Every Christian knows that the resurrection of Jesus is important. But the true significance of the resurrection can be lost in the repetition. It’s as if we’ve talked about it to the point that we assume everyone already gets it and we don’t need to explain any further. This week I want to go back to basics in making sense of the resurrection. Can we know it happened? Why is it important? Why was it necessary?
How Do We Know the Resurrection Happened?
Many Christians and skeptics alike assume that without the Bible we have no way to defend the resurrection. We are asked to name one non-biblical source for this miracle, and they think we are defeated. The reality is that Christianity is in line with science and history, on top of having the authoritative word of God.
Drew has already written extensively on the Minimal Facts approach, so I won’t go into great detail here (Part 1, 2, 3). Suffice it to say, we have a lot of historical data on Jesus of Nazareth. There is so much data that the vast majority of ancient historians agree on many of the essential details of the gospel narrative. Most of the details of the gospel are not disputed even by secular scholars. The only hotly contested details are the ones that involve miracles or the supernatural.
However, these non-miraculous details, such as Jesus being crucified, the tomb being empty, the transformation of the apostles, James the brother of Jesus, and later the apostle Paul, leave little room for any explanation besides a miraculous resurrection. Any alternative theory requires one to lay down rationality. To believe in a convoluted conspiracy by the apostles or mass hallucinations are no more rational than a miraculous resurrection.
What’s So Special About the Resurrection?
Why do we care so much about the Resurrection? It’s one thing to show that a miracle happened, but another to show why. Why do Christians say that their entire religion hinges on this one event? Paul makes it very clear: If Christ is not raised, your faith is futile, and you are still in your sins (1 Corinthians 15:17). There’s plenty of other miracles in the Bible, even some people rising from the dead. What’s the big deal?
Simply put, not all miracles are created equal. First, from a historical standpoint, no other miracle has this much evidence or eyewitnesses. It’s a lot more difficult to make a non-biblical case for something like surviving Nebuchadnezzar’s fiery furnace, or the destruction of the walls of Jericho.
Second, from a theological standpoint, it’s always important to ask what the point of a miracle was. Typically, they serve to confirm a particular message, such as Moses bringing the law, or Elijah confronting the prophets of Baal. We must examine both the miracle itself and what is said before and after the miracle about its purpose. If someone rises from the dead, I want to hear what they have to say. Jesus was building up to his death and resurrection throughout the gospels. (John 2:19, Matthew 16:21, 17:22, Mark 8:31)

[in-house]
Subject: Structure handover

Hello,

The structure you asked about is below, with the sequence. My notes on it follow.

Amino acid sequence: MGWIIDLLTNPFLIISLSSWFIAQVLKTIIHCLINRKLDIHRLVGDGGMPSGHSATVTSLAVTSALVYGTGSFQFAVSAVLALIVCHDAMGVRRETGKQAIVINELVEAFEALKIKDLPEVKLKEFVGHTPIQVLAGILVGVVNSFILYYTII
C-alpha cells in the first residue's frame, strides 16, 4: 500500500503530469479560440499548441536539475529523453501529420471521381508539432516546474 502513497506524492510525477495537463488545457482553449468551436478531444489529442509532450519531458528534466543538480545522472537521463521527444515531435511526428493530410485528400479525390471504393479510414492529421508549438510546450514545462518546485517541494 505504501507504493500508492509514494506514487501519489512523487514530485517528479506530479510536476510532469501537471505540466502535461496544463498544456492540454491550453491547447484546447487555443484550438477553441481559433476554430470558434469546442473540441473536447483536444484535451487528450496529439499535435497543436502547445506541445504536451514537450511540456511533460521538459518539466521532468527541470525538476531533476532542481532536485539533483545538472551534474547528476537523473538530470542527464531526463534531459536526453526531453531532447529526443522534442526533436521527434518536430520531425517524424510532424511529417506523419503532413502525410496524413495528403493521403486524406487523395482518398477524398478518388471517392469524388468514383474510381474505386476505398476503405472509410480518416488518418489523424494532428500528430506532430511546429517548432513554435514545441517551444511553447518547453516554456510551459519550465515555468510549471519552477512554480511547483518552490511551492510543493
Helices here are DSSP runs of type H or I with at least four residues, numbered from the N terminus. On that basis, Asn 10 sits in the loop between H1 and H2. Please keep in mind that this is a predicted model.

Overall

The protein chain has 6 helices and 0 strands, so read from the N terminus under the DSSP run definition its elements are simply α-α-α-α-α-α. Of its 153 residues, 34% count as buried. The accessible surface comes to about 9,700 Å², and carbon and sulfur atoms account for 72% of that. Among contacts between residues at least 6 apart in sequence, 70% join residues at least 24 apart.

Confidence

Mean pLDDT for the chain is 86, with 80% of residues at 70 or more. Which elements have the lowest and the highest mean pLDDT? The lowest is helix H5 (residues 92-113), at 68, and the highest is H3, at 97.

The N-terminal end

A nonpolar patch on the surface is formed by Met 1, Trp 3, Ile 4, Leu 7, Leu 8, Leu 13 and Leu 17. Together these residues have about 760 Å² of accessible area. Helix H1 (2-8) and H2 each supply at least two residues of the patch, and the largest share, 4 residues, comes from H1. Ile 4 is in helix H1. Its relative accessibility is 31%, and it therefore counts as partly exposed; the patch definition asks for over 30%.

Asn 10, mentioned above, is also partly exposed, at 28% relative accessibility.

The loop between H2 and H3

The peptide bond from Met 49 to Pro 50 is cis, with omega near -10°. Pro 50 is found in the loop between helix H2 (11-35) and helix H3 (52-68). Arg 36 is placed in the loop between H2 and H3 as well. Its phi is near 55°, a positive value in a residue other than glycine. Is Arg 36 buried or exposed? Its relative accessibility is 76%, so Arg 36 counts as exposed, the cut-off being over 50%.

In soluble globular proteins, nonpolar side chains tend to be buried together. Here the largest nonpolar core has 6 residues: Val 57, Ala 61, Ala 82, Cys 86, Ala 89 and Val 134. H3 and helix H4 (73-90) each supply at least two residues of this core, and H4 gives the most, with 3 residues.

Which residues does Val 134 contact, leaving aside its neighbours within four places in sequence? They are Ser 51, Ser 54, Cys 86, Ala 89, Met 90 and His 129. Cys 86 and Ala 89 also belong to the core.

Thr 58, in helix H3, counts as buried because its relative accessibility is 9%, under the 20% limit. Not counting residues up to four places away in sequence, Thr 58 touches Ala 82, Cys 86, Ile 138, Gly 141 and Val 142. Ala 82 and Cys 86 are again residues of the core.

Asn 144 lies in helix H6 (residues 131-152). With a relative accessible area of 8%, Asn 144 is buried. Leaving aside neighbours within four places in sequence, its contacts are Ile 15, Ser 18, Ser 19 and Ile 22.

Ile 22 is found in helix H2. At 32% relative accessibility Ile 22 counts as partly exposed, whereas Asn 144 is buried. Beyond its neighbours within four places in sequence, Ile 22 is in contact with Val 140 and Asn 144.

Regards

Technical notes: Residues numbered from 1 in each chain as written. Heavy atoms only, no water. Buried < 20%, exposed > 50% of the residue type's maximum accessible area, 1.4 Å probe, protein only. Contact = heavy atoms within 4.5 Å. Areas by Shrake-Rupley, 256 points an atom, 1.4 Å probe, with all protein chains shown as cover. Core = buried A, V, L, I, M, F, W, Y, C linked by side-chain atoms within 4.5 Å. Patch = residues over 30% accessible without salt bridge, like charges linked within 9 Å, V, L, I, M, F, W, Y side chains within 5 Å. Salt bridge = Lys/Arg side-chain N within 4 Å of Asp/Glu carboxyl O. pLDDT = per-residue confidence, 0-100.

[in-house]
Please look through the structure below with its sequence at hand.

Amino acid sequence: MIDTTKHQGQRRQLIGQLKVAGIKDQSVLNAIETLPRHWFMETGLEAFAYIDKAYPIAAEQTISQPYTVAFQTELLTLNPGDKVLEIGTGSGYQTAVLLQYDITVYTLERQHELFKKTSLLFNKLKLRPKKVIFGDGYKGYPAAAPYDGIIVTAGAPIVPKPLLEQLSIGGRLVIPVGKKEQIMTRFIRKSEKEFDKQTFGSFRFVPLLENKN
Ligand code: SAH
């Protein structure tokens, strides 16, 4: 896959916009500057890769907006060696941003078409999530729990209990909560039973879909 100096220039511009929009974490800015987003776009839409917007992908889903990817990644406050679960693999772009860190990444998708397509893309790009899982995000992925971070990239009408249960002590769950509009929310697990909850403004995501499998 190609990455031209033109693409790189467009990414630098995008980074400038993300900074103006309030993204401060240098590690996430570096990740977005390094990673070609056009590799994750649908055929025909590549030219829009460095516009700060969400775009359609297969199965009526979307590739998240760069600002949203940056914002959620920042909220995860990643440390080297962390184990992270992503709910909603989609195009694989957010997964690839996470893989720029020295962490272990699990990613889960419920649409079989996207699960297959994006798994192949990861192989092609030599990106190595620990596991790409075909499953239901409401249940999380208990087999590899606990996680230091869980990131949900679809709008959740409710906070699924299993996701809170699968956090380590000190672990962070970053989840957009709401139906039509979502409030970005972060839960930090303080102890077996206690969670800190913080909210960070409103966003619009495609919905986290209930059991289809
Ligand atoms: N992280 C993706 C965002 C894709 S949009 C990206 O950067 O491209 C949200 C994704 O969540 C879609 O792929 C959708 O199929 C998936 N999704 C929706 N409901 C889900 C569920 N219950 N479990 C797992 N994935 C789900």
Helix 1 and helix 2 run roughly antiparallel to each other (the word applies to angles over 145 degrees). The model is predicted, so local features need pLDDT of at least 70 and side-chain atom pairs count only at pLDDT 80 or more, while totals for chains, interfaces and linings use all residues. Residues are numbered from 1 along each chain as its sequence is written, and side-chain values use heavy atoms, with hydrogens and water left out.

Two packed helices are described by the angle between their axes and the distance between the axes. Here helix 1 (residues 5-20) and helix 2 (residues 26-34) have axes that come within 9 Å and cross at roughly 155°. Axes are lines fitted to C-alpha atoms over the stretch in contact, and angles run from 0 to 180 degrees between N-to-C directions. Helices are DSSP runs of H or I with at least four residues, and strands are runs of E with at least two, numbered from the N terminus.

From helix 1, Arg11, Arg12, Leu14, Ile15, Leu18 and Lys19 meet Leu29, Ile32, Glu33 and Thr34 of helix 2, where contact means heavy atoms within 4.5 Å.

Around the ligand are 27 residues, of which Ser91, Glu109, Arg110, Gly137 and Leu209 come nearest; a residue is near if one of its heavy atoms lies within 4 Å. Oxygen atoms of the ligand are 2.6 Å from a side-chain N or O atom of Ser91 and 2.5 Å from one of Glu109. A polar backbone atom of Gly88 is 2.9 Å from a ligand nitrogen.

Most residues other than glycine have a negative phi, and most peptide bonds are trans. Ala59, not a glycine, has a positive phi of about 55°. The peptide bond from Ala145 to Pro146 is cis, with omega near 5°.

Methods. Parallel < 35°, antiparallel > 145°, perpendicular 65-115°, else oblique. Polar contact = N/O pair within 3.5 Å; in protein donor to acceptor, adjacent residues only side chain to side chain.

Jesus made a specific prediction, and it happened just as he said. This validates his claims of divinity and authority. If my brother started proclaiming himself to be God and messiah, I’d be as skeptical as James was. But if my brother started performing miracles, predicted that he would die and rise again 3 days later, and then I witness it all happening, it may be time to reconsider.
Why Was the Resurrection Necessary? What Exactly is the Gospel?
All of that still doesn’t really explain why the resurrection was necessary. This wasn’t simply God showing off. Especially in the apologetics community, it can be easy to get so deep into arguing that the resurrection happened, that we fail to explain what the point of it was. More than just a verification of his identity, the resurrection was the ultimate demonstration of both God’s love for us and his victory over sin and death. We don’t say Jesus is the only way to Heaven because we’re arrogant bigots. It’s because Jesus is the only one that solved our sin problem. It’s not controversial to say that humans are guilty of great evil. God’s perfect justice requires payment for our evil. The standard is not, don’t be Hitler and you’re fine. The standard is to be perfect, as your heavenly father is perfect (Matthew 5:48).
Through his death and resurrection, Jesus not only paid the debt that we owed, but declared the victory over death itself. This is not merely a man returning to life, as incredible as that is. The resurrection of Jesus is the creator of the universe declaring once and for all that death has been defeated, and all who understand and believe it are welcome to be with him for eternity. This is not only the cornerstone of Christianity, but the single most important event in the history of humanity. That day, the greatest invitation of all time was sent out. Will you accept it?
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